Three weeks ago, in "Not satisfactorily under control" I said,
I'm always struck by the way prices are displayed in supermarkets, for instance. They are on little tickets stuck either above or below the item on sale, and are changed often. Although there are many labeling laws (state and federal), such as a requirement to put the price-per-ounce on the little ticket, so you're not fooled by larger packages with smaller contents, there doesn't seem to be any law as to what 'on sale' or 'special' means. Goods go 'on sale' every three weeks, and the little ticket is changed to say so, and quotes a 'regular' price that the sale price beats out. But since the little ticket doesn't actually have a list of historical prices, there's no way to check if it was actually offered at that price before. And there most certainly is no requirement for the good itself to have a price affixed, so there's no historical data at home. Was a can of beans $1.25 last week? Or $1.50 or $0.85? Who knows?Today, in the Guardian, there is an article on the subject of supermarket pricing. The Graun is British, of course, where the laws are slightly different, but the pricing strategies are similar. The article by Felicity Lawrence, called Don't Worry David Cameron There's No Such Thing As The Price Of Bread, looks at the recent revelation that the Prime Minister does not know the price of bread in a supermarket. The article goes on to say,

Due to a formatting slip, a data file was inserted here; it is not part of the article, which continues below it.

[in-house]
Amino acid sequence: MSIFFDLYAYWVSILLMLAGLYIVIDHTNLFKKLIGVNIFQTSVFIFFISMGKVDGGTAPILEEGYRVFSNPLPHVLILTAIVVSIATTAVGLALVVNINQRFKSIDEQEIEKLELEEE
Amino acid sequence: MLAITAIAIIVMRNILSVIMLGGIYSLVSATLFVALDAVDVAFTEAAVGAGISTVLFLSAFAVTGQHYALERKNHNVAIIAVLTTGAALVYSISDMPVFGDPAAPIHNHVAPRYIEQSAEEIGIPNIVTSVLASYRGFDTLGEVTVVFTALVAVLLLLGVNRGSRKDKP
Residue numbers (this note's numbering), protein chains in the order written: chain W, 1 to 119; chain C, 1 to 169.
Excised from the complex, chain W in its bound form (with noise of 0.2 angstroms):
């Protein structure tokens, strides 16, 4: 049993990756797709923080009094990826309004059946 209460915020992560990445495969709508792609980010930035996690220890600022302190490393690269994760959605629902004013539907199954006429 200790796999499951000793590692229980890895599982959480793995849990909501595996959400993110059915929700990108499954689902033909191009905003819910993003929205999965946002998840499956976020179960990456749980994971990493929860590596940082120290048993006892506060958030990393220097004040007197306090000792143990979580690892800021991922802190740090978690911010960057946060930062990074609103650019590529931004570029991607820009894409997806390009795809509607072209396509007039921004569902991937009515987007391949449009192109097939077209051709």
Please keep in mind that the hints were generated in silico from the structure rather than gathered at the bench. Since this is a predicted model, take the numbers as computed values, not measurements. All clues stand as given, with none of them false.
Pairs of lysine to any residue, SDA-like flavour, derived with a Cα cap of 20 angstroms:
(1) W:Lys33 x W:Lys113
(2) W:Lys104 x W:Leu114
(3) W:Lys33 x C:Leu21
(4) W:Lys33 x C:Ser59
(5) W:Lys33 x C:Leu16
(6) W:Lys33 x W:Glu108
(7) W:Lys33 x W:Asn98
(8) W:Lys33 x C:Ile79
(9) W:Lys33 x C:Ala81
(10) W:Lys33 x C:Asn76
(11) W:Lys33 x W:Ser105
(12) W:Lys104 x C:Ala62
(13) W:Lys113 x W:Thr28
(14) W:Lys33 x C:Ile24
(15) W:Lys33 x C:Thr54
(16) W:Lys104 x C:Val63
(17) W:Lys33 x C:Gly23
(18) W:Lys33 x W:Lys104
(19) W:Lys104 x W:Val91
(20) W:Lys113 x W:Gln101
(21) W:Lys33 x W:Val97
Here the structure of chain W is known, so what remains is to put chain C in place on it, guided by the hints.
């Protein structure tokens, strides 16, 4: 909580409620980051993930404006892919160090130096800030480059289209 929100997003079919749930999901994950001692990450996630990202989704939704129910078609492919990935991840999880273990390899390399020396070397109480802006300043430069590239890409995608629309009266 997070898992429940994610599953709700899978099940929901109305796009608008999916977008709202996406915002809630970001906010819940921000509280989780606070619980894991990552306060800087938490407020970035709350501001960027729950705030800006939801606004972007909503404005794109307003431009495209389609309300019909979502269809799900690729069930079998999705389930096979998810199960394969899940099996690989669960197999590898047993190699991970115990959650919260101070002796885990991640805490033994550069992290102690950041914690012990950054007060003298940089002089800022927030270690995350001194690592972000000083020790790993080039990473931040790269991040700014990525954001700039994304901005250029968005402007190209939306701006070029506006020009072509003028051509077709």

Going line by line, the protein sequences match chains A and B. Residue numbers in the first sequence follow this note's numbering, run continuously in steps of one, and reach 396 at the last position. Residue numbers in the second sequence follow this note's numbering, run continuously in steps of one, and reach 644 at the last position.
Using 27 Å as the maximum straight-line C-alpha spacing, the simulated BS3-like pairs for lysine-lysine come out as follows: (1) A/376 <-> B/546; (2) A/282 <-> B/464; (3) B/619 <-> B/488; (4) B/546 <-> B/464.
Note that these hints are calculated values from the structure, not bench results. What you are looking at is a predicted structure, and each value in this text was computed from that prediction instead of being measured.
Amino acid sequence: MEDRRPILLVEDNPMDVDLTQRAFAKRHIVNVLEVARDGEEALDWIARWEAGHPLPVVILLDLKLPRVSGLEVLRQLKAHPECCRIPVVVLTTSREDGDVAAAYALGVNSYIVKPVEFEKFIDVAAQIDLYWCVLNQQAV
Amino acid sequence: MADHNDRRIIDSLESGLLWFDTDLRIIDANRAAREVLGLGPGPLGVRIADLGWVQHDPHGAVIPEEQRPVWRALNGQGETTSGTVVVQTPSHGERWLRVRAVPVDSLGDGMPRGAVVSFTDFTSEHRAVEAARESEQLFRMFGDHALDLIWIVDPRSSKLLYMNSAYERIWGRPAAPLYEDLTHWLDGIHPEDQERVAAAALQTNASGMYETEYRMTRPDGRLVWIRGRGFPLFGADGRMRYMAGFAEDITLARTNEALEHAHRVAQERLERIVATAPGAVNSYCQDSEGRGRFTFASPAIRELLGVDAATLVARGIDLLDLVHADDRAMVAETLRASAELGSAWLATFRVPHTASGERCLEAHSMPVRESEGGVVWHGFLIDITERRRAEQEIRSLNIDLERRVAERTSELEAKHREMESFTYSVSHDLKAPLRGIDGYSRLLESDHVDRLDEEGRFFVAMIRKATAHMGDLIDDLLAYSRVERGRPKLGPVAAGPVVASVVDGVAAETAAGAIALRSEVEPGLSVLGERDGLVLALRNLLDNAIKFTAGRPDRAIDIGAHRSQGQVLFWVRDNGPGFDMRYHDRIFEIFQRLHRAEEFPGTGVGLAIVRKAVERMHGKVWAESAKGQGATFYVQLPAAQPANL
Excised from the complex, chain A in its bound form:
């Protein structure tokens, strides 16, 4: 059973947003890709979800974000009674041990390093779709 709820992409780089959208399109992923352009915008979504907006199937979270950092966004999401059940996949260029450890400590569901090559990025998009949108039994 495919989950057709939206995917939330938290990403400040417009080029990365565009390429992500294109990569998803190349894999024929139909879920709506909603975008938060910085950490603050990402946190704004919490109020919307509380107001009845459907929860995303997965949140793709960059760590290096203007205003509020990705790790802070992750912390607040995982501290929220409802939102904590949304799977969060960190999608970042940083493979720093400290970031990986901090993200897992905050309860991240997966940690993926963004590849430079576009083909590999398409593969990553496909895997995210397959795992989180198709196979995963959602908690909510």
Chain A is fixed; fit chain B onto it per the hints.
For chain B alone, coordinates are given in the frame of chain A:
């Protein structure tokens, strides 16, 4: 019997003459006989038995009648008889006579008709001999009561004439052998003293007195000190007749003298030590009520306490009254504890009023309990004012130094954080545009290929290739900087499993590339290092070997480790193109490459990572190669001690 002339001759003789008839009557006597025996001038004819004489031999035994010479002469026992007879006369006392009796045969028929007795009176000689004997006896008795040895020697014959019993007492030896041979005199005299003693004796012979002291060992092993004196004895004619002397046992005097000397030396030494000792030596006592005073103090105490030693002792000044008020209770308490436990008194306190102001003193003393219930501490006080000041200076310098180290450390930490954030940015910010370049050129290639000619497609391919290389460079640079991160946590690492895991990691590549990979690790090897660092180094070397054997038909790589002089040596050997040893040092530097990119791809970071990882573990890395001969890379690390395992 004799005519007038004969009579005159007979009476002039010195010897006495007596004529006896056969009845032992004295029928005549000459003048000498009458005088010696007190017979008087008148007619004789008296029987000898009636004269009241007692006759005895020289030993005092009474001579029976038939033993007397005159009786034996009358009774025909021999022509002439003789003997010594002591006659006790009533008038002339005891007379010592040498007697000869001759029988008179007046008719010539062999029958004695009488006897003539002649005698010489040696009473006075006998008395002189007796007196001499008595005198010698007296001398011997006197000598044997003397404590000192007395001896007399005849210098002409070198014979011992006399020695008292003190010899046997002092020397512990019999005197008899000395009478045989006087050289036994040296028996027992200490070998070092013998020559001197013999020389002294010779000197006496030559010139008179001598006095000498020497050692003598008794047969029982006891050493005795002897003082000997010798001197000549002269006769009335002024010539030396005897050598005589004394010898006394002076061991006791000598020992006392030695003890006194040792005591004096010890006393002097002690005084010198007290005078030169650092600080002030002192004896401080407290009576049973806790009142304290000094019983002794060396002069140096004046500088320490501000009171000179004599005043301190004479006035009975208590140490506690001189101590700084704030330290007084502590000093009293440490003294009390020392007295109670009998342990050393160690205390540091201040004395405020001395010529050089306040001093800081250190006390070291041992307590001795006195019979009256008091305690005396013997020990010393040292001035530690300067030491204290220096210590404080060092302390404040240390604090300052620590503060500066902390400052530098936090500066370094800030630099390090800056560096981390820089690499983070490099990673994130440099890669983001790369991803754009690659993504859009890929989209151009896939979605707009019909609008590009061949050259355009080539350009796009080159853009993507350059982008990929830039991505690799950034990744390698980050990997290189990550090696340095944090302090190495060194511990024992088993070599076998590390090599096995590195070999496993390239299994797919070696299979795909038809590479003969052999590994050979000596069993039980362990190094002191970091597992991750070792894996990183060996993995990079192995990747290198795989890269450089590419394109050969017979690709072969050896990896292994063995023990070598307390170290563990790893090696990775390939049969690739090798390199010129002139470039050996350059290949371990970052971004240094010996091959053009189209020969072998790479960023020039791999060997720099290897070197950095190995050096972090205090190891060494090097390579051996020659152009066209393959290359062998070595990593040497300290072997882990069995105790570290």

I hate to say this, because it is always fun to enjoy the discomfiture of politicians, but it is not just the prime minster who does not know the price of bread. [...]
Most of us don't know, because there is no such thing as the price of bread any more. Rapidly changing prices on hundreds of products do not help consumers but instead confuse them. And what they give with one hand, supermarkets can take back, or have already taken back, with the other. In the lead-up to Christmas 2010, Asda cut nearly 800 prices but also increased 850 prices; Tesco cut 930 prices but increased just under 1,000. With so much volatility it is impossible for the average shopper to work out where best value really is.[...]
We appear to have been bamboozled by this clever piece of retail psychology, however. Prof Paul Dobson of Norwich Business School, who has studied supermarket pricing for more than 10 years, reckons that more than 40% of what we buy in supermarkets is on special offer. He also calculates that the most common price cut among the big four supermarkets over a period of five years has been 1p. Cutting thousands of prices by tiny amounts, or making prices yo-yo, has been used to mask serious price increases on a smaller number of lines – with a big net effect on bills.
Worth a read, if only to help inoculate yourself against it.